The European Central Bank is set to reward some of the region’s biggest financial institutions with more than 1 billion euros ($1.2 billion) this year in return for keeping up the flow of credit during the pandemic.
Six lenders including ING Groep NV and Deutsche Bank AG have disclosed their expected benefit from the central bank’s targeted longer-term loan programs. Together, the banks said they earned about 416 million euros in the first quarter while other lenders said they intend to book gains later in the year.
Seven years after turning banking on its head with the introduction of negative interest rates, the ECB is dangling enhanced subsidies to get banks to pump cheap cash into an economy lurching from one crisis to another. The benefits help offset some of the pressure from the ECB’s other policies which have eaten into lending profits and introduced costs for client deposits.
An ECB spokesman declined to comment on the payments. ECB President Christine Lagarde said in April that the program plays a “crucial role” in supporting bank lending to firms and households.
The ECB has offered several rounds of such targeted long-term loans. The latest allotment was in March when it made 330.5 billion euros available to banks. The favorable rates are paid subject to conditions on the banks reaching specific targets regarding the amount of loans they make to the broader economy.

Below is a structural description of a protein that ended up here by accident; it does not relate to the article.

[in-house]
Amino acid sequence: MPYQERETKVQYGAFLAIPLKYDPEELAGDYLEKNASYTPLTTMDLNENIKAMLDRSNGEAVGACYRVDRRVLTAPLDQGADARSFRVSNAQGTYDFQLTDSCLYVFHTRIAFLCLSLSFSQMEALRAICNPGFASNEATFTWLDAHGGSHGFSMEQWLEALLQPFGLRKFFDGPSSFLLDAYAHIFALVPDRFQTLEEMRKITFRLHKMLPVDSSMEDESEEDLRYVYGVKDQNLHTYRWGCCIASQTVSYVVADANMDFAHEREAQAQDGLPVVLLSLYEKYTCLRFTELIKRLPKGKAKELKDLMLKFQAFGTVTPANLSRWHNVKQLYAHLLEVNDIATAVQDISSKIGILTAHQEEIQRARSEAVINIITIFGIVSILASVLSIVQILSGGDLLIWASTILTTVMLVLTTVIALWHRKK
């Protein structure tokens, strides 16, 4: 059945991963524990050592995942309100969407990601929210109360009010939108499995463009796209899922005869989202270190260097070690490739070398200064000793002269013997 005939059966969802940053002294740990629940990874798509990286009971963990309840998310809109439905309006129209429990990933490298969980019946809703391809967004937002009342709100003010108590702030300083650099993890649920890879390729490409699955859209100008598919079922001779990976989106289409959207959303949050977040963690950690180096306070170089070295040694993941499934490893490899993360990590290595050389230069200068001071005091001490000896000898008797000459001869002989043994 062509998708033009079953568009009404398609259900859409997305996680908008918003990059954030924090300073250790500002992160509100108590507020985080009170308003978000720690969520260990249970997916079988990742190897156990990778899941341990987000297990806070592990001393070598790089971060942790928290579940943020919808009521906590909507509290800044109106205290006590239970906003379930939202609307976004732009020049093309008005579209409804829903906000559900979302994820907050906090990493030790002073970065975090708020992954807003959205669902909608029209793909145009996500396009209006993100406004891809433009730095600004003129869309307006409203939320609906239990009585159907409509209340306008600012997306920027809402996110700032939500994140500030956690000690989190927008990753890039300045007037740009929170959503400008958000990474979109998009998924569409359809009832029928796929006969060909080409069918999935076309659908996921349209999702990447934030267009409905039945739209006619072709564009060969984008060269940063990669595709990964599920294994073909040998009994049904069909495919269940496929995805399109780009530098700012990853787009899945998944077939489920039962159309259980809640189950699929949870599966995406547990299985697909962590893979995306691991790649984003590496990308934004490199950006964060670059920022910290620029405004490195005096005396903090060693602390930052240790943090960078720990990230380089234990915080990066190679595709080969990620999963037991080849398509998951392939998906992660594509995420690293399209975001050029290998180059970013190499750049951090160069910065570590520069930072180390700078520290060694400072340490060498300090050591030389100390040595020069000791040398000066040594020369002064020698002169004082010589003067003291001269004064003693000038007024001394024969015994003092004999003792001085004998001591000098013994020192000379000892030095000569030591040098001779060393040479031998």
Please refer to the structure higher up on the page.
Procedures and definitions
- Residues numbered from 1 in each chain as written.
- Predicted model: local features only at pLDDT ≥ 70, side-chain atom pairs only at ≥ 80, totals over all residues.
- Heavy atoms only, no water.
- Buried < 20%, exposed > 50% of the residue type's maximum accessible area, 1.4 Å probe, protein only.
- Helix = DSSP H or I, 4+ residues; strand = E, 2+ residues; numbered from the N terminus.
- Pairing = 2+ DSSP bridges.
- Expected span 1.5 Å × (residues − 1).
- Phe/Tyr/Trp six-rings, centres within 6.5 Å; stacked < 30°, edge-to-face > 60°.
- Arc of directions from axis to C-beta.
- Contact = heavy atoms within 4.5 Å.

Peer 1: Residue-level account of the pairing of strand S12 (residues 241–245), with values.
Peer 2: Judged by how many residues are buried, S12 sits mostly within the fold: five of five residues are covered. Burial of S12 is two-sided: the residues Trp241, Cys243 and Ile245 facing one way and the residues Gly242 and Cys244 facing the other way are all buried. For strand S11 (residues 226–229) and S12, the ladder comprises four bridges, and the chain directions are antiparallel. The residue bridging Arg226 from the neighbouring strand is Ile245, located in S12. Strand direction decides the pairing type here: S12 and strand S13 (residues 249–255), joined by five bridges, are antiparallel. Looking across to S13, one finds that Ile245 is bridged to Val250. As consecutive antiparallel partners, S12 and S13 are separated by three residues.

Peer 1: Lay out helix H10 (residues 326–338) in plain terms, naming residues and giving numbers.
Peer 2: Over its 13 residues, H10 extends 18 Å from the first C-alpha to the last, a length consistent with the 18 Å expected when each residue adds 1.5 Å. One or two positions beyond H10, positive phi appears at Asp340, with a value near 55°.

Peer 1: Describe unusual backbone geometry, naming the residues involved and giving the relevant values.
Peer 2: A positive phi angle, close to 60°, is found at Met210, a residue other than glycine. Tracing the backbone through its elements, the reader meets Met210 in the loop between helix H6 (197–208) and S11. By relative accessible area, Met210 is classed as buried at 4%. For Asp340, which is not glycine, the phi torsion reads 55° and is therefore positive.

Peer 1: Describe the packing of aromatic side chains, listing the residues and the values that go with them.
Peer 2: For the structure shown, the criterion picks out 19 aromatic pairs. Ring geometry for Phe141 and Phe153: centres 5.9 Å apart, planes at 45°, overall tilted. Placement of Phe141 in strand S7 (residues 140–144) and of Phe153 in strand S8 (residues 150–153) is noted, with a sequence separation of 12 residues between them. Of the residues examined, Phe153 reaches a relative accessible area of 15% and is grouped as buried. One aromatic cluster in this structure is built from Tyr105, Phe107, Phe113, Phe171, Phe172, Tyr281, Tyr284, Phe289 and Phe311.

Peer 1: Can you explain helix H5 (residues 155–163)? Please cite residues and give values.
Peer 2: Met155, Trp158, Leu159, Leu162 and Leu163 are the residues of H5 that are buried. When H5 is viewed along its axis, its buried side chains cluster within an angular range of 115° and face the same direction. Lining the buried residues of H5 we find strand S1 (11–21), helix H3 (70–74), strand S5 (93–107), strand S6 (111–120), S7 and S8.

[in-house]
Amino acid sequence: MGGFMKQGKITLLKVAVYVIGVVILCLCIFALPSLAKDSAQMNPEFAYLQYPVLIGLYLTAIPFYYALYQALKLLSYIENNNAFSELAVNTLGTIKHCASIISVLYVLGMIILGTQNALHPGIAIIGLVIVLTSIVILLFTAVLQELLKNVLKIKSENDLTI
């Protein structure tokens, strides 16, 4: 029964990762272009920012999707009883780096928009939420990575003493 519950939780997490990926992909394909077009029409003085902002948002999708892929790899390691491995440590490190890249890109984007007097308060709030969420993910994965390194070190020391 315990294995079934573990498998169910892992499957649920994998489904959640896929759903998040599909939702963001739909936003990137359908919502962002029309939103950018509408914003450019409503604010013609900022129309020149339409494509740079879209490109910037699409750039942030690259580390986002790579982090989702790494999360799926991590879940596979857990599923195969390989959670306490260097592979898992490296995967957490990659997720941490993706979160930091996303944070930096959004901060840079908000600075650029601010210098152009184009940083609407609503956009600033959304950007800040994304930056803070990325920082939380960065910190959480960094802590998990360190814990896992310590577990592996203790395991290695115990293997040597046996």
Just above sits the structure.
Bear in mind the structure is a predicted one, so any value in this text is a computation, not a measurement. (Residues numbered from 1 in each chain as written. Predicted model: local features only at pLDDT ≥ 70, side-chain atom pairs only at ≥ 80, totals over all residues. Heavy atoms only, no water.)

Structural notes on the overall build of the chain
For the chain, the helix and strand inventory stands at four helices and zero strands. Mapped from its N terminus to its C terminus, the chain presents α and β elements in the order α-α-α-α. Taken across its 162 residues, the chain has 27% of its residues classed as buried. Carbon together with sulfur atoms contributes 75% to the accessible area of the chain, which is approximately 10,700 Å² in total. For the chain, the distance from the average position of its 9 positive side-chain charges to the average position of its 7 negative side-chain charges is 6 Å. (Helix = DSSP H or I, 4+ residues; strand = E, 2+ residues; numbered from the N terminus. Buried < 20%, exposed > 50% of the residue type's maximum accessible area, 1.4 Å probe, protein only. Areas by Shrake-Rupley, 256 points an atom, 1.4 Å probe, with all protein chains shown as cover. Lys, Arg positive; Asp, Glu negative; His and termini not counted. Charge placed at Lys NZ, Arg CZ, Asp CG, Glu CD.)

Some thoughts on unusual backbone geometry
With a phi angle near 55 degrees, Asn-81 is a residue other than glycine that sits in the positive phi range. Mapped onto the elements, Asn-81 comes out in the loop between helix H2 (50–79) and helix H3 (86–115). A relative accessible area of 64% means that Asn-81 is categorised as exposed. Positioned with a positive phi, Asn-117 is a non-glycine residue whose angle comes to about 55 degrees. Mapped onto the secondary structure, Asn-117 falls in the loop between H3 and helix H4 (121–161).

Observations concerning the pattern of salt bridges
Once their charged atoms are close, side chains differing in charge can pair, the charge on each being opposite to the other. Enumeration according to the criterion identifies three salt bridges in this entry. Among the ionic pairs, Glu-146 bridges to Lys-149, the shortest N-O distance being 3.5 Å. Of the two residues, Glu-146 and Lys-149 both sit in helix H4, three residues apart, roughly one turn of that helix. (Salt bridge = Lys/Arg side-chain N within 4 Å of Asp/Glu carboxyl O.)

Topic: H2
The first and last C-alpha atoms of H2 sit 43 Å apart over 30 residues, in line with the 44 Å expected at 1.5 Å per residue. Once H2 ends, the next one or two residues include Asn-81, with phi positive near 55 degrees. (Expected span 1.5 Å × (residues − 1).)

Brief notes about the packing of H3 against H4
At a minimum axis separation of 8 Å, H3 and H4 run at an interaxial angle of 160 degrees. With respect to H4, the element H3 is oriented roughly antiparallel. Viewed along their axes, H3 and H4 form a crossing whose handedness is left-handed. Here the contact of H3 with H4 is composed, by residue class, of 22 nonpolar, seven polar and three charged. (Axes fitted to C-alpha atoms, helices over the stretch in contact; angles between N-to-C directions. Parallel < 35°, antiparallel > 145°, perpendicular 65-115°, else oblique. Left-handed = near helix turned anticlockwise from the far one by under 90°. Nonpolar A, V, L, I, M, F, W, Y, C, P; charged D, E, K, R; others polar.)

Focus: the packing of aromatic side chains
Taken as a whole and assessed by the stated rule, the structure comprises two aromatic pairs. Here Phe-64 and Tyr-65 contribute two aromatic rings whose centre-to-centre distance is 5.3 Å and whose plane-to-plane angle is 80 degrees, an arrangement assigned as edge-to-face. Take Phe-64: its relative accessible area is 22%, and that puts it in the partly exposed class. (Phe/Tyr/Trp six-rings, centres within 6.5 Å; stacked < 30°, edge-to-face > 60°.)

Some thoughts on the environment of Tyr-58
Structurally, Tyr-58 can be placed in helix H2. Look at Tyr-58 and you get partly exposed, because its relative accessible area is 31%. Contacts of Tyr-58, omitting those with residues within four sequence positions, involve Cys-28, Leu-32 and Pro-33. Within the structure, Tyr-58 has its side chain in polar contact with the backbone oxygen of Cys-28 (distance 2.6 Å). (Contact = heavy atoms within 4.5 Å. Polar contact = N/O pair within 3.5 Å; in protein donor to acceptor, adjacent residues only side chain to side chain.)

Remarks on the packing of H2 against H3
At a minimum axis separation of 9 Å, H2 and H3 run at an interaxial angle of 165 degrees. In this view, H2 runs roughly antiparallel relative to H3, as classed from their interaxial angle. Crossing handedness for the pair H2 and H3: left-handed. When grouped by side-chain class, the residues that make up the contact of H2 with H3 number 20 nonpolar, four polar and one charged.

The lenders benefit even more now than with similar operations in the past because the conditions were sweetened during the pandemic so that that they can borrow at an even lower rate than the ECB’s negative deposit rate. While the deposit rate acts as a charge on reserves, that’s more than outweighed by the generosity of the rate on the long-term loans.
“We don’t earn the money for free,” Deutsche Bank finance chief James von Moltke told analysts on a conference call last week. “The business is executing on lending, supporting clients, that allows us to achieve those thresholds.”
— With assistance by Sonia Sirletti, and Alexander Weber